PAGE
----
Recorded February 1, 1935, in New York City
"Whispering" (part of a medley)
Benny Goodman (clarinet), Lionel Hampton (vibes), Teddy Wilson (piano), Gene Krupa (drums)
Recorded December 2, 1936, in New York City
03515-1 (matrix) — "Whispering"
Goodman went on to record it 8 more times, twice in 1938, 1953, 1958, twice in 1959, 1967, and 1980
Recorded June 13, 1940, in New York City
Bunny Berigan, Jimmy Blake (trumpets); Tommy Dorsey (trombone, leader); Johnny Mince (clarinet); Fred Stulce, Hymie Schertzer (alto saxes); Don Lodice, Paul Mason (tenor saxes); Joe Bushkin (piano); Sid Weiss (bass); Buddy Rich (drums); Frank Sinatra, Pied Pipers (vocals); Sy Oliver (arranger)
051279-1 (matrix) "Whispering"
Tommy Dorsey recorded it 8 other times, once in 1933 while playing with Red McKenzie's band, 5 times in 1940, and twice in 1944
Recorded from March 24 to April 3, 1949, Hollywood, California
4322-4D-1 (matrix) – "Whispering"
Belafonte recorded this song during the first year of his recording career
Miles Davis (trumpet), Bennie Green (trombone), Sonny Rollins (tenor sax), John Lewis (piano), Percy Heath (bass), Roy Haynes (drums)
Recorded January 17, 1951, in New York City
131-A (matrix) – "Whispering"[8]
Miles recorded it again in 1961; he recorded "Groovin' High" 5 times in 1948
7864 (matrix) – "Whispering"
Recorded March 8, 1951
Oscar Peterson (piano), Austin Roberts (bass)
Many re-issues; OCLC 53481796 (re-issue)
Recorded in London in 1976
"Whispering" (cover version)
Selections from this album have been released on dozens of other albums
Benny Carter (alto sax), Oscar Peterson (piano), Joe Pass (guitar), Dave Young (bass), Martin Drew (drums)
Recorded November 14, 1986, in Hollywood, California
Recorded at Capitol Recording Studios, Hollywood, California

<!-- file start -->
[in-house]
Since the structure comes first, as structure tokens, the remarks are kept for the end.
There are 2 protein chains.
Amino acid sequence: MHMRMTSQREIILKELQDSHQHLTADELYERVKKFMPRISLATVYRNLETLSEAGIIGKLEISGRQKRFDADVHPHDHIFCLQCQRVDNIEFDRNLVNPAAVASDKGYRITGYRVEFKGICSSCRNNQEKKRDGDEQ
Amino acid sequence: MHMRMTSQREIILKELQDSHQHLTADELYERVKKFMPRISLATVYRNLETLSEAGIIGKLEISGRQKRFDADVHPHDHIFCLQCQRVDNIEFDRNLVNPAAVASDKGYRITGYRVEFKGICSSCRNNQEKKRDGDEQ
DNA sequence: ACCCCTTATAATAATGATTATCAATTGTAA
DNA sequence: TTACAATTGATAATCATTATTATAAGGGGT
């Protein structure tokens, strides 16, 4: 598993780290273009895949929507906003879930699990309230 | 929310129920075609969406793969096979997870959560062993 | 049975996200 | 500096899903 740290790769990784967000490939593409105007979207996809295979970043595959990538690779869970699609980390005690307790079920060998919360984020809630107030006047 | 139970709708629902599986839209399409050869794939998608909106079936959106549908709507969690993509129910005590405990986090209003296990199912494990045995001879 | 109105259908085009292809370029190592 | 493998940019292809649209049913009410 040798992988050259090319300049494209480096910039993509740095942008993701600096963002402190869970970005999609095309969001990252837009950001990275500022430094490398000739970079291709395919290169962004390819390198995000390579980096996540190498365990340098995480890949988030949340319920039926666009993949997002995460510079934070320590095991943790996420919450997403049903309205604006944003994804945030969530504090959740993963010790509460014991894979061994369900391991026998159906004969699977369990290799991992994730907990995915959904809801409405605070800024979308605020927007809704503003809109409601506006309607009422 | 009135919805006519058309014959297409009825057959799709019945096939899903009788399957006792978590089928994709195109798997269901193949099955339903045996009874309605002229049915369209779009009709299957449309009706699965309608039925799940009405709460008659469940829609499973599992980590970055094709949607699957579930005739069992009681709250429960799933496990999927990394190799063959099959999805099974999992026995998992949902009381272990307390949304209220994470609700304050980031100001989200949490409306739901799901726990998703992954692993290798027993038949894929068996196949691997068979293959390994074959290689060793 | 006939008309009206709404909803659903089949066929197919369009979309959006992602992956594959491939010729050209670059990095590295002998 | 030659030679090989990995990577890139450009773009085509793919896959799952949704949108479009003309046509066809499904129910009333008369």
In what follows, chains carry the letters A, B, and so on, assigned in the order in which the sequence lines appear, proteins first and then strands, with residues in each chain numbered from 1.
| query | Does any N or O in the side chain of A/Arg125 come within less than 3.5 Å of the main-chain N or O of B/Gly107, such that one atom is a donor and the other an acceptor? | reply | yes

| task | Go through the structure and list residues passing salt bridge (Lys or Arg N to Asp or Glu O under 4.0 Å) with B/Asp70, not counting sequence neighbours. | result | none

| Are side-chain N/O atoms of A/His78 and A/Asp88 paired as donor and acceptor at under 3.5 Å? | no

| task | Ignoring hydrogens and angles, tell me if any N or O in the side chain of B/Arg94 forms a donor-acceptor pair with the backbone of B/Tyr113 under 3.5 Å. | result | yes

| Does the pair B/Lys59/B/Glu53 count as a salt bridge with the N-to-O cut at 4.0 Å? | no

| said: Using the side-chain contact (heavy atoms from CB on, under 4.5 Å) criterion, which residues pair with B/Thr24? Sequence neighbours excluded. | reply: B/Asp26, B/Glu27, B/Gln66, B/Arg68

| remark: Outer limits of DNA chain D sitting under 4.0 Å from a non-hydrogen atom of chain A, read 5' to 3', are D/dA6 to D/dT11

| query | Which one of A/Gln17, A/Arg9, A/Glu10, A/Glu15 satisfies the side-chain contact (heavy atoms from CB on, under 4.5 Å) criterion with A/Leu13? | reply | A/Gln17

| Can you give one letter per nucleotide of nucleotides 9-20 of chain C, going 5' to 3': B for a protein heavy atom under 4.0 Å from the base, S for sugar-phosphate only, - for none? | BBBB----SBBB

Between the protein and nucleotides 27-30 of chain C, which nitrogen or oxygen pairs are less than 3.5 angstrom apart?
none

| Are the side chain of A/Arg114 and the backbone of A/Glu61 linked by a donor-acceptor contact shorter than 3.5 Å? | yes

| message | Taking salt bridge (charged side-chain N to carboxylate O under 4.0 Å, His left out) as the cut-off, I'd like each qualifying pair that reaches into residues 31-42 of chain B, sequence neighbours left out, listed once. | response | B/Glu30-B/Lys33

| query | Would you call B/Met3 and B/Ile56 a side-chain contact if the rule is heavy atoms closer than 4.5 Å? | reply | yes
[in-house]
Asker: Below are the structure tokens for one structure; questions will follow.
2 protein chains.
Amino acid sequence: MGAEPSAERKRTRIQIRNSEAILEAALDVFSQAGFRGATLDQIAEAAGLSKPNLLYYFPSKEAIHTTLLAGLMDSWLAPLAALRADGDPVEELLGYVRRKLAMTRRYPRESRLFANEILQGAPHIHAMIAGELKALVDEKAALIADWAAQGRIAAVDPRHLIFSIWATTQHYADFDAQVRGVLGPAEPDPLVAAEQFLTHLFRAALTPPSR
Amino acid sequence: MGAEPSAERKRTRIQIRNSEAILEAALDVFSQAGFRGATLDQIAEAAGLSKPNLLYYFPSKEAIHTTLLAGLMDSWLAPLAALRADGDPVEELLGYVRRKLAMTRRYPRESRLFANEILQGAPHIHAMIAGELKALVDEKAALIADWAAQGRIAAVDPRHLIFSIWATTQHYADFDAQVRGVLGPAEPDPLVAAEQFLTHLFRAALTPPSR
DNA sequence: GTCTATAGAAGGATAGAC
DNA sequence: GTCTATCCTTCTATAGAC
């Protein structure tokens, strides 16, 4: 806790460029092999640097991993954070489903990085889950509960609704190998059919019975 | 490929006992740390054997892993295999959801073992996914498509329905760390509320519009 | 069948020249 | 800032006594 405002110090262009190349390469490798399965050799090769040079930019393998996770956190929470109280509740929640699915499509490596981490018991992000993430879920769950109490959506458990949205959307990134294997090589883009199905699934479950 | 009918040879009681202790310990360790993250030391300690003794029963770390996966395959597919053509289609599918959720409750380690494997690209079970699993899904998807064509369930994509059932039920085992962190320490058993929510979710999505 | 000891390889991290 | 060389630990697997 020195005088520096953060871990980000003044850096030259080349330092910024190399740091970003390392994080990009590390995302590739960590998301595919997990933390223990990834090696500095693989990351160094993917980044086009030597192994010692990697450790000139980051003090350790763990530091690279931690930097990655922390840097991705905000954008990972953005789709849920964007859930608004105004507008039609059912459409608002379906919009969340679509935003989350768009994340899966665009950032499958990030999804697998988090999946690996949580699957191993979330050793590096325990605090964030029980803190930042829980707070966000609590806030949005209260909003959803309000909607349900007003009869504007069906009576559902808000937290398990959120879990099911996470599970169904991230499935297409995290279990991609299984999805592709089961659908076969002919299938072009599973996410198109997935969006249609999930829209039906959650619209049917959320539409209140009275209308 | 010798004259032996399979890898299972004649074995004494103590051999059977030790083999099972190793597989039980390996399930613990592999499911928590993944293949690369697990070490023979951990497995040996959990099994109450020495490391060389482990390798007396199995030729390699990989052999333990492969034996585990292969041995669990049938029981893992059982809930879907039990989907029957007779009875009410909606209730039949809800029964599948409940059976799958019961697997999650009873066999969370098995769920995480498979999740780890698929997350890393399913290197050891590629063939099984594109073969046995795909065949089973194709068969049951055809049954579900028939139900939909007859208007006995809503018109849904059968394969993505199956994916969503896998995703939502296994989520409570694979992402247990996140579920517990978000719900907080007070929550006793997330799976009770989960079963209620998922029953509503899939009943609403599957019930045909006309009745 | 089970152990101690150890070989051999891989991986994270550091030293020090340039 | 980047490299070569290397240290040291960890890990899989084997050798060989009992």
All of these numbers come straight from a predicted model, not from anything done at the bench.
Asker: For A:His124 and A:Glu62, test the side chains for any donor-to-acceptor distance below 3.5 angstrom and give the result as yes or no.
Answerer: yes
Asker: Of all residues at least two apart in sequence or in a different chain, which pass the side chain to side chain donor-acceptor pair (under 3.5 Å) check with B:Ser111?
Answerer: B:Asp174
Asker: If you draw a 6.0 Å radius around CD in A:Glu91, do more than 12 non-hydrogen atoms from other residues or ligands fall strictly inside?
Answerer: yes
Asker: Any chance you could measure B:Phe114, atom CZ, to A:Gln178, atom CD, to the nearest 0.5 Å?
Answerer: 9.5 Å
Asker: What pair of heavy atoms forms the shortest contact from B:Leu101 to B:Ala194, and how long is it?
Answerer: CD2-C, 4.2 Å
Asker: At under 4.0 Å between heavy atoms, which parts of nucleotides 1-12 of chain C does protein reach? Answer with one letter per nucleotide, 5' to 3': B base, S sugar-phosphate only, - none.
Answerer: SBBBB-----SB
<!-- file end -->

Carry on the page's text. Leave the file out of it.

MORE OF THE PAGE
"Groovin' High" + "Whispering"

Selected filmography[edit]


  • 1972: Music Hall of Fame inducted "Whispering" as one of the 10 historic songs.[9]

See also[edit]

The Song Is You (album), recorded 1940


Inset photo: John Steel
(image courtesy of the UCLA Archive of Popular American Music)
Lyrics by Malvin Schonberger, music by John Schonberger
© July 22, 1920; 2nd copy July 27, 1920, Class E 486556, Sherman, Clay & Co., San Francisco[11]
© Renewal 21201 July 22, 1947, by John Schonberger & Malvin Schonberger[12]
© Renewal 25563 July 28, 1947, by John Schonberger, Amelia Rose (widow of Vincent Rose), and Richard Coburn[12]
© Assigned to Miller Music Corporation July 28, 1947, by Richard Coburn and Amelia Rose (widow of the late Vincent Rose)[12]
© Claimed by Fred Fisher Music Co. to acquired the rights from John Schonberger in 1938; claim was litigated in U.S. District Court, New York[13]
The July 22, 1947, renewal attributes the music to John Schonberger and the lyrics to Malvin Schonberger[12]
The July 27, 1947, renewal attributes the music to John Schonberger and Vincent Rose and the lyrics to Richard Coburn[12]


  1. ^ "Whispering Proving; New Sherman, Clay & Co. Number Meeting With Great Success, Reports Ed. Little,", Music Trade Review, August 21, 1920, pg. 54
  2. ^ Whispering at Library of Congress, National Jukebox. Retrieved May 11, 2011.
  3. ^ Peter Clayton & Peter Gammond, Jazz: A–Z, Guinness Superlatives (1986), pps. 247–248; OCLC 15353474; ISBN 0851122817
  4. ^ Chart-Toppers of the Twenties (liner notes), ASV Records (1998); OCLC 41252439
  5. ^ Whitburn, Joel (2002). Top Adult Contemporary: 1961-2001. Record Research. p. 240.
  6. ^ "Whispering". AllMusic. Archived from the original on August 21, 2010. Retrieved 12 May 2010.
  7. ^ "Basic Bebop Reharmonization", by Eric, www.jazzadvice.com (online publication of Eric and Forrest Wernick), Los Gatos, California, April 29th, 2011
  8. ^ 60 Years of Recorded Jazz, 1917–1877 (2nd ed., 16 vols.), by Walter Bruyninckx (1979); OCLC 6436260, 78428130
  9. ^ Billboard, May 27, 1972
  10. ^ "Whispering" (1920); UCLA Archive of Popular American Music; OCLC 224055524
  11. ^ a b c d e Catalog of Copyright Entries 1947 Renewal Registrations-Music Jan-Dec 3D Ser Vol 1 Pt 14B. p. 173.
  12. ^ "'Whispering' Now a Clamor", Billboard, September 25, 1948, pg. 18